Defensive Medicine?

“Defensive medicine” has long been a favorite rationale for our health care costs.  Indeed, in a recent survey of physicians in JAMA, trial lawyers were assigned the greatest responsibility for reducing health care costs:  60% of respondents thought they had a major role, followed by insurers (59%), pharma and device manufacturers (56%), hospitals (56%), and patients (52%).  In contrast, only 36% of physicians thought physicians had a major role in cost control.

I’ve never been a huge fan of the defensive medicine hypothesis.  First, several studies have suggested that only a very small percentage (around 3%) of total health care spending can be attributed to malpractice.  Second, poor outcomes and allegations of malpractice can arise from errors of commission as well as of omission.  A fatal allergic reaction to an antibiotic prescribed unnecessarily for a viral illness could as easily open a provider up to a liability claim as not doing an unnecessary CT scan for a child with trivial head injury, so I would imagine someone fearful of a lawsuit would hesitate to do both.  Most important, in my own experience (admittedly skewed by working in academic centers), overuse appears to be driven far more strongly by factors such as the desire for more complete information before making decisions (more on that in a subsequent blog), and by financial incentives.

A recent study, though, provides what appears to be compelling evidence of the effect of fear of malpractice on use of diagnostic tests.  An article in the August issue of Health Affairs linked physicians’ responses regarding their levels of malpractice concern as reported in the 2008 Health Tracking Physician Survey to Medicare Parts A and B claims for the patients they treated during the study period, 2007–09, focusing on use of various diagnostic tests for complaints of chest pain, headache, or lower back pain.  The investigators found higher rates of imaging by physicians who had reported high vs. low concern about malpractice on the survey, although the magnitudes were modest.  This would suggest that defensive medicine may be a significant contributor to overall healthcare costs.  However, the study undercuts the assertion that moves to limit malpractice claims would help – there was no association between diagnostic testing and various measures of actual state malpractice risk, only with the physician’s reported subjective level of concern.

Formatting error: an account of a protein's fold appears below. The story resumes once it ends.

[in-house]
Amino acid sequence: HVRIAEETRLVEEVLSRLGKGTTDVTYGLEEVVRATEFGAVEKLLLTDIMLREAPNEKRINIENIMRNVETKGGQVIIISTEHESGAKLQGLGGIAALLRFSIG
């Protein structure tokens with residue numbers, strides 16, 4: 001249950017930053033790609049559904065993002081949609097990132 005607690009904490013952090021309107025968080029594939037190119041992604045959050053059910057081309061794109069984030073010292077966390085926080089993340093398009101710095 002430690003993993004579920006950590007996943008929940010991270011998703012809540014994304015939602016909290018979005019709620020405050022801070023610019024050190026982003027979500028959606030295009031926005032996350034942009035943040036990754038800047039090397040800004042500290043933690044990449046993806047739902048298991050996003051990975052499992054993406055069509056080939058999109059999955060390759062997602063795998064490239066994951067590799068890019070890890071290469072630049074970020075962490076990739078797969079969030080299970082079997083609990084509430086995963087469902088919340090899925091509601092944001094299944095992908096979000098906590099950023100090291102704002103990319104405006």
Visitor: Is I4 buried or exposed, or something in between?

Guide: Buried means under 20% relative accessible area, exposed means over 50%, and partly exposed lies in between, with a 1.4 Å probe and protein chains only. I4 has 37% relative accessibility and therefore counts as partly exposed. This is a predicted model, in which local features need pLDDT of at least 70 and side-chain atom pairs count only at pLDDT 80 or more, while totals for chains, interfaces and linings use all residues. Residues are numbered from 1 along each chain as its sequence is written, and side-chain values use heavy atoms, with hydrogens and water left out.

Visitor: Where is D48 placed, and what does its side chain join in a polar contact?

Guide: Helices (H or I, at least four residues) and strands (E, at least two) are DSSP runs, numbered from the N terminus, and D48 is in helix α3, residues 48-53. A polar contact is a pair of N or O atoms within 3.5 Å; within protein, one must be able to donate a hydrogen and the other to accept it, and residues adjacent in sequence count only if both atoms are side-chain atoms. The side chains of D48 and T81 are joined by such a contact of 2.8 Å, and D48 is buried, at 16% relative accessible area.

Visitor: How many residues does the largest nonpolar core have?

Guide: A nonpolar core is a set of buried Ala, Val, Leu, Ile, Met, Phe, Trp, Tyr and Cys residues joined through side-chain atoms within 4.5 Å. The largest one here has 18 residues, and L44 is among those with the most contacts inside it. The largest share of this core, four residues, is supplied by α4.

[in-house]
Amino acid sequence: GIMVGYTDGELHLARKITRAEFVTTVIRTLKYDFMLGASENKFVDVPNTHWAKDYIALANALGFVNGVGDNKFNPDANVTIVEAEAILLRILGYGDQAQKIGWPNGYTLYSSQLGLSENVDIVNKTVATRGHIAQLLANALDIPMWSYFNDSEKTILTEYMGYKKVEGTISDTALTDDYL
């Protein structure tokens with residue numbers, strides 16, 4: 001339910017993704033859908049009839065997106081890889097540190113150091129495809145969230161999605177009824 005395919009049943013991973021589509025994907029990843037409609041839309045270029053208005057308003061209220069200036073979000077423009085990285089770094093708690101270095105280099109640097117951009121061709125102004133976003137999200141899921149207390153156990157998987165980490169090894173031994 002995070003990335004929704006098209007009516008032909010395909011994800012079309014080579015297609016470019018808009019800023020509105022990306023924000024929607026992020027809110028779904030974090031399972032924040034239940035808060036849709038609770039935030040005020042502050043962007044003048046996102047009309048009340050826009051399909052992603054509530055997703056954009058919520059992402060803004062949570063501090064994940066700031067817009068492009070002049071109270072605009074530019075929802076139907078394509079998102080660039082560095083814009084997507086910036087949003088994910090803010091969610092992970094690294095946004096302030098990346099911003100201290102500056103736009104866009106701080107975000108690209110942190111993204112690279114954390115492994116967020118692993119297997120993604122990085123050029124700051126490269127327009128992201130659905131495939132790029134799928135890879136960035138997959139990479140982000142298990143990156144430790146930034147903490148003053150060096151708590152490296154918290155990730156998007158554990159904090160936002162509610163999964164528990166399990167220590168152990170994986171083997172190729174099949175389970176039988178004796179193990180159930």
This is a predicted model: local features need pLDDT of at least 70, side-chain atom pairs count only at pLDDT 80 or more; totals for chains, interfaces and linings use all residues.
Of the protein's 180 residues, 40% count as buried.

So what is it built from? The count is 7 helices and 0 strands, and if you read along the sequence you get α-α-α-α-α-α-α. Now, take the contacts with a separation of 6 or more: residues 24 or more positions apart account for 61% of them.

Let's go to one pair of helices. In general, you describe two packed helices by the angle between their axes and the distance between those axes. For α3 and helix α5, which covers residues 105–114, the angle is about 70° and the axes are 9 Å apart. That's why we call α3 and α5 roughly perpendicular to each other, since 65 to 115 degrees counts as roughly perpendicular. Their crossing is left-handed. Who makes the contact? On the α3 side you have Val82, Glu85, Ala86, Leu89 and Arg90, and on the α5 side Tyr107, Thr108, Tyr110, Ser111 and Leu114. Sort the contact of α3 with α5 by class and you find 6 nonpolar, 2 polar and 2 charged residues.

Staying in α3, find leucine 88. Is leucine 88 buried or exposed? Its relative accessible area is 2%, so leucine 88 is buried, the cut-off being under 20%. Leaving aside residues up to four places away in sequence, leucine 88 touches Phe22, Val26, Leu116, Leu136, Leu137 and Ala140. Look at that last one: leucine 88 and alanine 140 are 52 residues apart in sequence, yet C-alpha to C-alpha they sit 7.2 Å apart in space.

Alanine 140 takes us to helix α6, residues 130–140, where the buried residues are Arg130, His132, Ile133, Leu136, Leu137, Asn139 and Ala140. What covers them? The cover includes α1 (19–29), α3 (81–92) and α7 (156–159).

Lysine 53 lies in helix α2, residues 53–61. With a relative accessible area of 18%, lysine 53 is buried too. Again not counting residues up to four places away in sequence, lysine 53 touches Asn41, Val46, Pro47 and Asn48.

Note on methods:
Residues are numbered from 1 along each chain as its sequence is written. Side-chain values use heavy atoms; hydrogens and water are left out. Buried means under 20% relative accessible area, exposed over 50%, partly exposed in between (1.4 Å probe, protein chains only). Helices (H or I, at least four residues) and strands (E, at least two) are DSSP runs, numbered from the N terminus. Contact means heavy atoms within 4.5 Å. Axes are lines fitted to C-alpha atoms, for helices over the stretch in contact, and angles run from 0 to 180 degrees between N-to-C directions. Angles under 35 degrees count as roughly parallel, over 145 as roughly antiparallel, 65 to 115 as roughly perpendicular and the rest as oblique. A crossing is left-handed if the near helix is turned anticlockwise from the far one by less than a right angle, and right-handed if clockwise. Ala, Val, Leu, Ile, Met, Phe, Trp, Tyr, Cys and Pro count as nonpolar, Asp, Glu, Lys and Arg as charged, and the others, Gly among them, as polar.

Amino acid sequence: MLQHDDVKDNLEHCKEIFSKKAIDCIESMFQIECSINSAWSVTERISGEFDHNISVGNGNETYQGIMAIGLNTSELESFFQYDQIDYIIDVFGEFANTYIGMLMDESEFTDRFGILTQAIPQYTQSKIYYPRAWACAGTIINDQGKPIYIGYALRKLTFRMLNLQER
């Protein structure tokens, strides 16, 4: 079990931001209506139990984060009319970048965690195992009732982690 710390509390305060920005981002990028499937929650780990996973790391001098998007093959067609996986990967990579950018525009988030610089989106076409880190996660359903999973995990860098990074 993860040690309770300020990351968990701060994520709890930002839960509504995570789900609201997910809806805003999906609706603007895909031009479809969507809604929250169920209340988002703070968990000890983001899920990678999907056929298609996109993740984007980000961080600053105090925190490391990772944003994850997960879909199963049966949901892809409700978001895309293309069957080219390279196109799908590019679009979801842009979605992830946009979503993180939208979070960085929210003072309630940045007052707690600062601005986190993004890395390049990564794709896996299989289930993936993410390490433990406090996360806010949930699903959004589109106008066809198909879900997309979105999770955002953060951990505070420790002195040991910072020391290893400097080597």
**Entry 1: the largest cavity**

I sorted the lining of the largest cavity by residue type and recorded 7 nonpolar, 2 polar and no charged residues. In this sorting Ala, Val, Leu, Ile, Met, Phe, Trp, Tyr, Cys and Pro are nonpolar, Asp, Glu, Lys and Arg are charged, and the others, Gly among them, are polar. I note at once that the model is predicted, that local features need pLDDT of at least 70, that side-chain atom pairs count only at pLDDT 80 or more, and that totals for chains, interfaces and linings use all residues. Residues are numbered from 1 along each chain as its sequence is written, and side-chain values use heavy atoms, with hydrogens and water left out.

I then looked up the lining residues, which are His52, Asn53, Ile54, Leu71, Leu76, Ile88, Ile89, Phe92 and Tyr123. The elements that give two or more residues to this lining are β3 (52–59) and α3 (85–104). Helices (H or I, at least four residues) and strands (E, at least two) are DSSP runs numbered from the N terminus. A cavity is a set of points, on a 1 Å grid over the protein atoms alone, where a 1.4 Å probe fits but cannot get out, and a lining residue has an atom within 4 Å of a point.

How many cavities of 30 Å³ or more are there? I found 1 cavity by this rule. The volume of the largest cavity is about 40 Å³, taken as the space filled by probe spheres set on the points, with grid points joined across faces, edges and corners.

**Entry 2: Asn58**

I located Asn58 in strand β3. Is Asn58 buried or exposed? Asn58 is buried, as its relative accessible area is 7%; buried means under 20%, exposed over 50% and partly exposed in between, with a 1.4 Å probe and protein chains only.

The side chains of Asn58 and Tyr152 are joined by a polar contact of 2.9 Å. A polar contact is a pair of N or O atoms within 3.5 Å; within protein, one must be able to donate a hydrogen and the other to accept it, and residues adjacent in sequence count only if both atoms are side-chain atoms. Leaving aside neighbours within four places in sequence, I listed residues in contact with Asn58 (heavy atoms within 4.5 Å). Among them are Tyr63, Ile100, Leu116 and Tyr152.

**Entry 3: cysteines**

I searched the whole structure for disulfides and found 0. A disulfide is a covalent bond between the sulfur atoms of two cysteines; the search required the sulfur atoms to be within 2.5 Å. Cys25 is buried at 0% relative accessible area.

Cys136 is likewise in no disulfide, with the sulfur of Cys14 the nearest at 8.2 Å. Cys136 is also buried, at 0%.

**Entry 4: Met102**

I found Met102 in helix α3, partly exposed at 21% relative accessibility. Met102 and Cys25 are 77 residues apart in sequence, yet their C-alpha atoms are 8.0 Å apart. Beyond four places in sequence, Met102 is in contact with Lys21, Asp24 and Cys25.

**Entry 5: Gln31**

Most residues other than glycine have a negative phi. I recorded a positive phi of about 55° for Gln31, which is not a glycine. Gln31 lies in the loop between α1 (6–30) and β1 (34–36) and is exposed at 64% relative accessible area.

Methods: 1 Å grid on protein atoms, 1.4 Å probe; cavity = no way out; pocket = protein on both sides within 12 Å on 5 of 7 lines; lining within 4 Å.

Which raises several questions.  Where does the fear arise from, if not from the actual climate of the state within which the physicians practice?  Is it truly a fear of liability, or is that just an expression of an underlying tendency to place a premium on diagnostic certainty?  Providers tend to fall into one of two camps – “test minimizers” and “risk minimizers” – based on their tolerance for uncertainty.  In either case, if individual provider attitudes override public policy, how can we address this factor in the effort to control costs?  At the very least, it suggests that the doctors have at least as much responsibility as the trial lawyers.

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